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Document Type

Case Studies

Abstract

Starting in mid-2007, American International Group (AIG) faced increasing collateral calls from counterparties looking to protect their positions in credit default swap (CDS) contracts that AIG had written on residential and commercial collateralized debt obligations (CDOs) (US COP 2010, 28-30). Per these agreements, the AIG parent company was responsible for insuring the value of the CDOs against the risk of a negative credit event, such as default (GAO 2011, 5; US COP 2010, 29-30). AIG’s immediate need for liquidity on September 16, largely driven by a securities lending program and those collateral calls, prompted the Federal Reserve to lend the company $14 billion, a loan that grew into an $85 billion revolving credit facility (Baxter and Dahlgren 2010, 2, 4). But the company continued to face pressing liquidity needs, market losses, and rating agency downgrades. The Fed and Treasury decided they had to restructure AIG’s federal assistance to shore up its balance sheet and reassure market participants and rating agencies about the company’s viability (Baxter and Dahlgren 2010, 4).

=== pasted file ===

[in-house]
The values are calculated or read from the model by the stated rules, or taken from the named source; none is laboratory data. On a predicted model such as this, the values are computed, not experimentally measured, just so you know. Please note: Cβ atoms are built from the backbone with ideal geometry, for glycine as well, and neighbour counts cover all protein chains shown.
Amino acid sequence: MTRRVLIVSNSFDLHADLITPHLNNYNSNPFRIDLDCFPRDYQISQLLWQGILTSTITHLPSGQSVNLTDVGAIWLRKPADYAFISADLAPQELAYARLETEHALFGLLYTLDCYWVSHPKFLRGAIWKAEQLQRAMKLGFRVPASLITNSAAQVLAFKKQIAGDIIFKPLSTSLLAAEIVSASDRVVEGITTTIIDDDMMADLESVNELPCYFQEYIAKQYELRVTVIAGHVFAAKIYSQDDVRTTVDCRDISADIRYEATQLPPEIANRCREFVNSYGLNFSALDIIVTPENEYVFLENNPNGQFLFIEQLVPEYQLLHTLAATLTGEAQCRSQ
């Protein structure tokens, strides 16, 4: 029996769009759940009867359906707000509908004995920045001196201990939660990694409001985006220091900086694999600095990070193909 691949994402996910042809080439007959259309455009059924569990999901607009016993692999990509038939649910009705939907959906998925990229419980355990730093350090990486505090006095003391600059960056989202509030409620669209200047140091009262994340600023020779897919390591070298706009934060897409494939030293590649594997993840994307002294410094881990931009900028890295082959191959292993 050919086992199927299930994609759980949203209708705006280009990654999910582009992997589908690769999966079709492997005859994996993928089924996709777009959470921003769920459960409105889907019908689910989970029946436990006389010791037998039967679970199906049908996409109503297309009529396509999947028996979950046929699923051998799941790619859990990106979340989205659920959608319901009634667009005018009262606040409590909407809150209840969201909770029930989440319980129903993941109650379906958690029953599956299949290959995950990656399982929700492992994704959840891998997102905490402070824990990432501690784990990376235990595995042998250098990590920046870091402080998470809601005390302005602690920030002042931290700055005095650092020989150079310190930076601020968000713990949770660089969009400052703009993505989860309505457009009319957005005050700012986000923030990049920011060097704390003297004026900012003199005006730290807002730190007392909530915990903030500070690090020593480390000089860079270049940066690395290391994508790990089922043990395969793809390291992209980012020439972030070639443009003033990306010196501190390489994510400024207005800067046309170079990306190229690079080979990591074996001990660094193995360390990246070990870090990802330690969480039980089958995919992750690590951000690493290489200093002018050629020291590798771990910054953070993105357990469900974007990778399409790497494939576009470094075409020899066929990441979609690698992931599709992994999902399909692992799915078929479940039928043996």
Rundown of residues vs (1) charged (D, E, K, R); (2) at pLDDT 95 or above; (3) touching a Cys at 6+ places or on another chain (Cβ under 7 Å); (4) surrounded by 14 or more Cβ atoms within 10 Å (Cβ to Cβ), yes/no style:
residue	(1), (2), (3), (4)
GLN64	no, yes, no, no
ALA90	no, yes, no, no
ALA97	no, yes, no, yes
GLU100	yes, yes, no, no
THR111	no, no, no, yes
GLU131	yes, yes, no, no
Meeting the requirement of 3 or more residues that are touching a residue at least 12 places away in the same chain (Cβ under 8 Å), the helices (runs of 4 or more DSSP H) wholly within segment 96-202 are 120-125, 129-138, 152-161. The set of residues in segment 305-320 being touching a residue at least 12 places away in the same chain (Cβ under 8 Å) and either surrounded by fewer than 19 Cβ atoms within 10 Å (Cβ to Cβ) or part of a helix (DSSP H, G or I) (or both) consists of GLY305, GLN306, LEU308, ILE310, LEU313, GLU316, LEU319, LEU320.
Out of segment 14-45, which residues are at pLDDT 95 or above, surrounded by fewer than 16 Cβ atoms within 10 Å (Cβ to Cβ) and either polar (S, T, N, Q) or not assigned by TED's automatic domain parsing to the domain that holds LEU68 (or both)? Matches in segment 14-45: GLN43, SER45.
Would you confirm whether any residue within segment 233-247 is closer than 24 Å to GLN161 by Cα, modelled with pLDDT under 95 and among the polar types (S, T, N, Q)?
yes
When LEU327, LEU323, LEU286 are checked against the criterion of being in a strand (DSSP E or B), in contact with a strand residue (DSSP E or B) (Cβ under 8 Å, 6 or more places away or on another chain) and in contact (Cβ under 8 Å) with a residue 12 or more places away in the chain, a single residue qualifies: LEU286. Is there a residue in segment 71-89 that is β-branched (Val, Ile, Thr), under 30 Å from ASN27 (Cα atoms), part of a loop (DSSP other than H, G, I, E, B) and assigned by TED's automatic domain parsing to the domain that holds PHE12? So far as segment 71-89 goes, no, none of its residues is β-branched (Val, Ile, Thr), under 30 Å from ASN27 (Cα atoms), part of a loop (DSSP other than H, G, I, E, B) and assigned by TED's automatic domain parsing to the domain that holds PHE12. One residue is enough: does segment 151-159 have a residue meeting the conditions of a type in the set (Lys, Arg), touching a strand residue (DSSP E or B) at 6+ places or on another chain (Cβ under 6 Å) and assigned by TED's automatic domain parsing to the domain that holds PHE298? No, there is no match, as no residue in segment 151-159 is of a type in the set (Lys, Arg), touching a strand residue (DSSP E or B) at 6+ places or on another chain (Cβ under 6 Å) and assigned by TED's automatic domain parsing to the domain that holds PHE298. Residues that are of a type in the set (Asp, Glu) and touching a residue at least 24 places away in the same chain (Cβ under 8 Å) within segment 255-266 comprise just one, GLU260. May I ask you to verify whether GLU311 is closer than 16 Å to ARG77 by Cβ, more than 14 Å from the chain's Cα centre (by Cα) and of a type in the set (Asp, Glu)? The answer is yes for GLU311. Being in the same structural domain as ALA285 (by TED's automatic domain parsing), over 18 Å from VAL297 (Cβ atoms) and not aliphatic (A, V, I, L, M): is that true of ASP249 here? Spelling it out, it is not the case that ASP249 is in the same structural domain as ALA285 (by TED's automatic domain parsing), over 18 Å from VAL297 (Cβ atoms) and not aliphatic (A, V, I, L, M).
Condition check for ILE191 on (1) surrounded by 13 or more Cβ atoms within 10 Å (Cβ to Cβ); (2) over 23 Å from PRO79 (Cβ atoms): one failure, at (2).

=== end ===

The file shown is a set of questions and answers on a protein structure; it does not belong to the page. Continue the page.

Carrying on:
As part of that restructuring, the Federal Reserve Board authorized the creation of Maiden Lane III (ML III), a special-purpose vehicle that would purchase CDOs from AIG’s counterparties in exchange for the cancellation of their CDS contracts. This would end the liquidity-draining collateral calls and cap AIG’s exposure to further losses on the CDS contracts (FRBNY 2017; US COP 2010, 73-74). The purchase was funded by a $24.3 billion senior loan from the Federal Reserve Bank of New York and a $5.0 billion equity contribution from the AIG parent company FRBNY n.d.2). The establishment of ML III helped to lessen AIG’s exposure to the deteriorating CDO market, end unmanageable collateral calls, and avoid downgrade pressures (Baxter and Dahlgren 2010, 4).

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